AVOIDING DOWNTOWN DEMISE – Michigan downtowns are headed for long-term trouble with so many workers continuing to work from home, business experts say. Local business groups are fighting back with creative marketing and repurposing commercial property. We talk to a Charlevoix downtown authority, the head of the Small Business Association of Michigan, the state retailers group and the Michigan Downtown Association. By Zholdas Orisbayev FOR PETOSKEY, TRAVERSE CITY, CORP!, GRAND RAPIDS BUSINESS, LANSING CITY PULSE AND ALL POINTS.
LUNCH DEBT FORGIVENESS: Only 13 Michigan schools have applied for a million dollar program to forgive student lunch-money debt, designed to avoid shaming kids behind on their payments. And the Dec. 1 deadline is fast approaching. The distraction of COVID 19 and short deadlines are two of the reasons for the lack of response, officials said. We talk to the Michigan Education Association, a school lunch association and the Department of Education. By Zholdas Orisbayev. FOR GONGWER, MIRS AND ALL POINTS
COVID CHILD CARE: Advocates hope that a pilot program to split child care costs among businesses, government and families in west Michigan will lead to a similar program statewide. Child care challenges posed by the COVID-19 pandemic prompted the creation of a unique coalition of business and child care advocates to test the plan they hope will lead to statewide implementation. By Zholdas Orisbayev FOR GRAND RAPIDS BUSINESS, CORP! AND ALL POINTS
UNIVERSITY BUDGET WOES: Declining enrollment and new costs related to the pandemic have Michigan universities cutting costs, deferring construction projects and laying off employees. The Michigan Association of State Universities projects that the state’s 15 public universities will take a $1.2 billion hit. By Zholdas Orisbayev. FOR SAULT STE. MARIE AND ALL POINTS
The coronavirus is straining Michigan local government revenues already under strain for years. Repeated cuts in funding and changes to statutory revenue have harmed local budgets since the early 2000s. That decline will worsen as local businesses wrestling with COVID-19 lose sales that generate local government income, according to one nonpartisan study. By Zholdas Orisbayev FOR ALL POINTS
PRISONS COVID: Testing for COVID19 and shuffling corrections officers among facilities short-staffed because of the pandemic has added financial challenges to Michigan’s $2 billion prison system. They come just as prison officials struggle to replace a surge of retirements, the legacy of a 1980s prison build-up. We interview the director of the Department of Corrections. By Zholdas Orisbayev. FOR MARQUETTE, COLDWATER, IONIA AND ALL POINTS.
REALESTATEBOOM: Michigan builders are responding to a demand for expensive homes, a market driven in part by people investing in homes rather than travel during the pandemic. At the same time, the state lacks housing for moderate-income buyers, such as the workers who build the high-end homes, experts say. It is especially true in northern Michigan resort areas. Home prices statewide are up about 10% over last year. But last August the average selling price for homes in Northwest Michigan’s Emmet County was $428,581, up from $344,120 reported for the same month the previous year. FOR BUSINESS AND NEWS PAGES IN TRAVERSE CITY, PETOSKEY, CHEBOYGAN, GRAND RAPIDS BUSINESS, CORP! AND ALL POINTS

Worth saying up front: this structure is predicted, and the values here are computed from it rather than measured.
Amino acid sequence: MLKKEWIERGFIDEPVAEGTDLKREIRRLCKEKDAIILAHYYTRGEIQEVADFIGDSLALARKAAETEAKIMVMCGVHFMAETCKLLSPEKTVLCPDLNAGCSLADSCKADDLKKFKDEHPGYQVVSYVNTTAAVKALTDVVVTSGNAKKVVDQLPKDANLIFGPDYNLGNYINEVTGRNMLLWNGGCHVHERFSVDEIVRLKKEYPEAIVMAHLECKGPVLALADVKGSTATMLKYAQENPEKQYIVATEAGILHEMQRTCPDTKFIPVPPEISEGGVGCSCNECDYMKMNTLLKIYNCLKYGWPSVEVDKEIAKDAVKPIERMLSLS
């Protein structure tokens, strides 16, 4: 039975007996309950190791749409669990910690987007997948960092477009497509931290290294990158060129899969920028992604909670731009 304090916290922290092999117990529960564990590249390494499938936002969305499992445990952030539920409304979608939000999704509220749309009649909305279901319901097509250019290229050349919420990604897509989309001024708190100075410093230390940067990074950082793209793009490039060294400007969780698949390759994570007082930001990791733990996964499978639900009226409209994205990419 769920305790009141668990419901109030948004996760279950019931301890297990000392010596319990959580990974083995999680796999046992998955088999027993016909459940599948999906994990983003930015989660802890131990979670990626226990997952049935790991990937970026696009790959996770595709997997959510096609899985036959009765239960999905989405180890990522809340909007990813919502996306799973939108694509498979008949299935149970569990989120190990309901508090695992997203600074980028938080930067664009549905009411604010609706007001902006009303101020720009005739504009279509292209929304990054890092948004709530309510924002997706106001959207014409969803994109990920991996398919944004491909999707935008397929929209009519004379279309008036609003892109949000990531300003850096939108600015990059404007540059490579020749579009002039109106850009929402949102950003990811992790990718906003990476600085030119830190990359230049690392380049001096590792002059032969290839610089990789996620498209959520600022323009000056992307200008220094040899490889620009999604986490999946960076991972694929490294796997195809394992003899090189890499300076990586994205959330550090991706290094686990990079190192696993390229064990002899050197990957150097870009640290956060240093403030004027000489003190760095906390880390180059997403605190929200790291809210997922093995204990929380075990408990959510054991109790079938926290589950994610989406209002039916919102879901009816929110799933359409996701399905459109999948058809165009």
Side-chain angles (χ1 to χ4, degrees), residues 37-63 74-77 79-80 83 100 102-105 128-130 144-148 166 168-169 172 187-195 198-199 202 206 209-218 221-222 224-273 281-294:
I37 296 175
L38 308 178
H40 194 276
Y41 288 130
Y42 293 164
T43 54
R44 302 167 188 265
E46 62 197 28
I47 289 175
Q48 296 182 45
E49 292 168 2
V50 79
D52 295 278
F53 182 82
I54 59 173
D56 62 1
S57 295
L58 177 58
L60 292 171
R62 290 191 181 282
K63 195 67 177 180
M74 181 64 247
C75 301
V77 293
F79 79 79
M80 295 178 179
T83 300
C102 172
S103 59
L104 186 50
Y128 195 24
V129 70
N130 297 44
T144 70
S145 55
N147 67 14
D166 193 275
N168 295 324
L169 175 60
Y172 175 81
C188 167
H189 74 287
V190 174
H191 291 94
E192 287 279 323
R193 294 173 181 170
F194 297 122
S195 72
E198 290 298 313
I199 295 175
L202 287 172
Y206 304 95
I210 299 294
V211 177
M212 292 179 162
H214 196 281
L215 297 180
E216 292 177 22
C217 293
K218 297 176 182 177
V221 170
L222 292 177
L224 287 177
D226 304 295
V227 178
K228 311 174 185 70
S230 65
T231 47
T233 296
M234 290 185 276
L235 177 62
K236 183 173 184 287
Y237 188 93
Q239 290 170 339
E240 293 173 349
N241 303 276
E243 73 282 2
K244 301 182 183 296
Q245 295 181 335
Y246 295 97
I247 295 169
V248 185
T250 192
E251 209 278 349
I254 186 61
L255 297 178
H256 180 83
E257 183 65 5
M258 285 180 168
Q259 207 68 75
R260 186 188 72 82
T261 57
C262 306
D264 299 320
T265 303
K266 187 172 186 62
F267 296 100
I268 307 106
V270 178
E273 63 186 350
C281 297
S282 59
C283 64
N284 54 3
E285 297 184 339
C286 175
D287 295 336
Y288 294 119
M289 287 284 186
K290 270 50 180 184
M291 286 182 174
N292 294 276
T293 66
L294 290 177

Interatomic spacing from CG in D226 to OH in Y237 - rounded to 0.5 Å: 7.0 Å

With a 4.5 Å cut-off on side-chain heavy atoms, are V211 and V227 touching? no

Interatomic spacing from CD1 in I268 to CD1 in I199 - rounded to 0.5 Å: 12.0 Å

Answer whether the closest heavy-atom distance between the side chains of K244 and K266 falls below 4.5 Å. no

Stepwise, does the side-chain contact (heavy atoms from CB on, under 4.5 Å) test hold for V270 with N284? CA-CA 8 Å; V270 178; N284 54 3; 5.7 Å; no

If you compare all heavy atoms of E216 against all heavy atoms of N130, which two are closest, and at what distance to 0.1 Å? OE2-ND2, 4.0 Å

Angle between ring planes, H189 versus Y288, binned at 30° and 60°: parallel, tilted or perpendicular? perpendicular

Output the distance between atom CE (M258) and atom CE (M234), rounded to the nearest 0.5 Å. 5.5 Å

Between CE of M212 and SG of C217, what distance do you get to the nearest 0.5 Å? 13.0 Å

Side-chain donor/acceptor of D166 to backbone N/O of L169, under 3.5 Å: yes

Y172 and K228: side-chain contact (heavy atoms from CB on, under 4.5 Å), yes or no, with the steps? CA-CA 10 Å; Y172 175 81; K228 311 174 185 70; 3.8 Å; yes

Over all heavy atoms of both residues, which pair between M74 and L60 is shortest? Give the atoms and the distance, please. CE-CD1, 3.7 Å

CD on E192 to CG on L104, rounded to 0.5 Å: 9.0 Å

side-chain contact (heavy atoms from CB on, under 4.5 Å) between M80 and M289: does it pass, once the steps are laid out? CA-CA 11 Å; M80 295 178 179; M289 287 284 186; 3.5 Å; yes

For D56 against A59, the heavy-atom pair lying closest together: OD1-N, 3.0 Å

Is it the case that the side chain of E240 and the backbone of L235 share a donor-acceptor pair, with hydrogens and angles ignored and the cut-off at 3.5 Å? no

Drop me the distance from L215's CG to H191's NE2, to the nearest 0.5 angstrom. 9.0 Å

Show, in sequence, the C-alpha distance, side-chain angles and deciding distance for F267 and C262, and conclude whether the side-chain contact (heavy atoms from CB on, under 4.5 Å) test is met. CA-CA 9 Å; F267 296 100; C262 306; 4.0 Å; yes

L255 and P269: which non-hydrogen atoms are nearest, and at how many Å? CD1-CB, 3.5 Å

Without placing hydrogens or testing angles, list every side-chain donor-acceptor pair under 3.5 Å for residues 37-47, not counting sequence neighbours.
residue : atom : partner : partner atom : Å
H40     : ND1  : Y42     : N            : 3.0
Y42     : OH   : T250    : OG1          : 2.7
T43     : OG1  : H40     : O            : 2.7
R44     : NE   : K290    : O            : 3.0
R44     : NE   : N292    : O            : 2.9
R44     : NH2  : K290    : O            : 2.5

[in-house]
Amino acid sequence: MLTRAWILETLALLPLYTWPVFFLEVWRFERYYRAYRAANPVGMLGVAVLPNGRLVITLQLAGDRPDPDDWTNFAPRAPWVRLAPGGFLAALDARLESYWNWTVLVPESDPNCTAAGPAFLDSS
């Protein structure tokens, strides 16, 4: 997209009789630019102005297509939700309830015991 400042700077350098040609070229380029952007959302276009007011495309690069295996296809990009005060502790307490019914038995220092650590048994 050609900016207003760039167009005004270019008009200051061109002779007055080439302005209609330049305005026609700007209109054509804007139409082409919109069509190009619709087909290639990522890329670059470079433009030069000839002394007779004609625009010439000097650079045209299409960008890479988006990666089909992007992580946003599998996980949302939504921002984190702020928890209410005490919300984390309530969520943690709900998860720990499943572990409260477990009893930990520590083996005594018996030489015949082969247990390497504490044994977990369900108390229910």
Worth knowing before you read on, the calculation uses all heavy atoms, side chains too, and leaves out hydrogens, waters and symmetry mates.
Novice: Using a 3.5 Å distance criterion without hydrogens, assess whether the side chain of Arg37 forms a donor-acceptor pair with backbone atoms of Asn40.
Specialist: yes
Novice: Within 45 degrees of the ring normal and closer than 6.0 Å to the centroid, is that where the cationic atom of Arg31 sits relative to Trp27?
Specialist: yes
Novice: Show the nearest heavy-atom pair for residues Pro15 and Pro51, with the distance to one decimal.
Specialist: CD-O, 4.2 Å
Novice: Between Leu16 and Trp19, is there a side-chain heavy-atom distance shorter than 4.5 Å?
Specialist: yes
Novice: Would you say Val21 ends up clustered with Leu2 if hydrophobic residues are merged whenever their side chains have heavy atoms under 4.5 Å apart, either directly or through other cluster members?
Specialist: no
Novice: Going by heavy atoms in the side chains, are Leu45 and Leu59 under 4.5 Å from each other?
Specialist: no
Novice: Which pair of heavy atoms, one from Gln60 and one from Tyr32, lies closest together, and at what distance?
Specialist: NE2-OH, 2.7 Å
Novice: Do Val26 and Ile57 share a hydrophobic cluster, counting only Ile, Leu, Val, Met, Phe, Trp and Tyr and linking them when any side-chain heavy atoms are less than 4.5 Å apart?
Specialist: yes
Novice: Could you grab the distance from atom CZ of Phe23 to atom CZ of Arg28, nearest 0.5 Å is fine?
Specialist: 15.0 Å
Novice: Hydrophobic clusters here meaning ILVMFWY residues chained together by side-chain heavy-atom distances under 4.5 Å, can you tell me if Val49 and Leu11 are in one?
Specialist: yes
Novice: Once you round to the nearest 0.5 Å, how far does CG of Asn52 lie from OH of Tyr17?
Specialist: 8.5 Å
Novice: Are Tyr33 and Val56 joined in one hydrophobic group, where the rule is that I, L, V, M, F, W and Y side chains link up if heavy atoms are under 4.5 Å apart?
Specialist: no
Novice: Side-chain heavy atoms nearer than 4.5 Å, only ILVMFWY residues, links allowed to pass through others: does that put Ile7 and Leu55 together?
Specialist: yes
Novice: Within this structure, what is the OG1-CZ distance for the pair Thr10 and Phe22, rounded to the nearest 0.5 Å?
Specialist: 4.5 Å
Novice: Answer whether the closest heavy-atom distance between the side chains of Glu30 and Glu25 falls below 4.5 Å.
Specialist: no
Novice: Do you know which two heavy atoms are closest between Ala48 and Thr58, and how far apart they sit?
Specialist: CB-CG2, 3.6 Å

ESSENTIAL TUITION: Essential workers during the pandemic crisis could provide community colleges with an enrollment surge in January. That’s when Gov. Gretchen Whitmer’s offer of free tuition kicks in. That’s good for the students and for the colleges that suffered an enrollment drop of 5% to 10% this fall. We talk to community college and college association officials. By Zholdas Orisbayev. FOR TRAVERSE CITY AND ALL POINTS.
Seasonal properties, vacant houses, the lack of internet, distrust of government and fewer census takers, not to mention the pandemic, are challenges to the 2020 U.S. census, especially in Michigan’s rural northern counties, census experts say. Statewide, about 71% of Michigan households self-reported their numbers online to the U.S. Census Bureau. That’s better than the national rate of 62.1%. But the statewide number obscures low rates of self-response in the low-population rural north. By Zholdas Orisbayev FOR BAY MILLS, MARQUETTE, BIG RAPIDS, SAULT STE MARIE, ST. IGNACE AND ALL POINTS
As the pandemic forces more students online, the lack of affordable broadband internet could cause lower performance of rural Michigan schoolchildren. A recent Michigan State University study of 15 rural school districts found that students without internet access averaged a half-grade lower grade point average and did not perform as well on college entrance tests. Internet advocates are cobbling together a network of public Wi-Fi hotspots that students can access from parking lots to avoid exposure to Covid-19. CNS editors note: The MSU study cited and linked to in story includes Brimley Area Schools, Les Cheneaux Community Schools, Mackinac Island Public Schools, Pickford Public Schools, Rudyard Area Schools, Sault Ste. Marie Area Schools, St. Ignace Area Schools, Tahquamenon Area Schools,Whitefish Township Schools and Morley Stanwood Community Schools. By Zholdas Orisbayev. FOR BAY MILLS, SAULT STE. MARIE, ST. IGNACE, MARQUETTE, BIG RAPIDS AND ALL POINTS.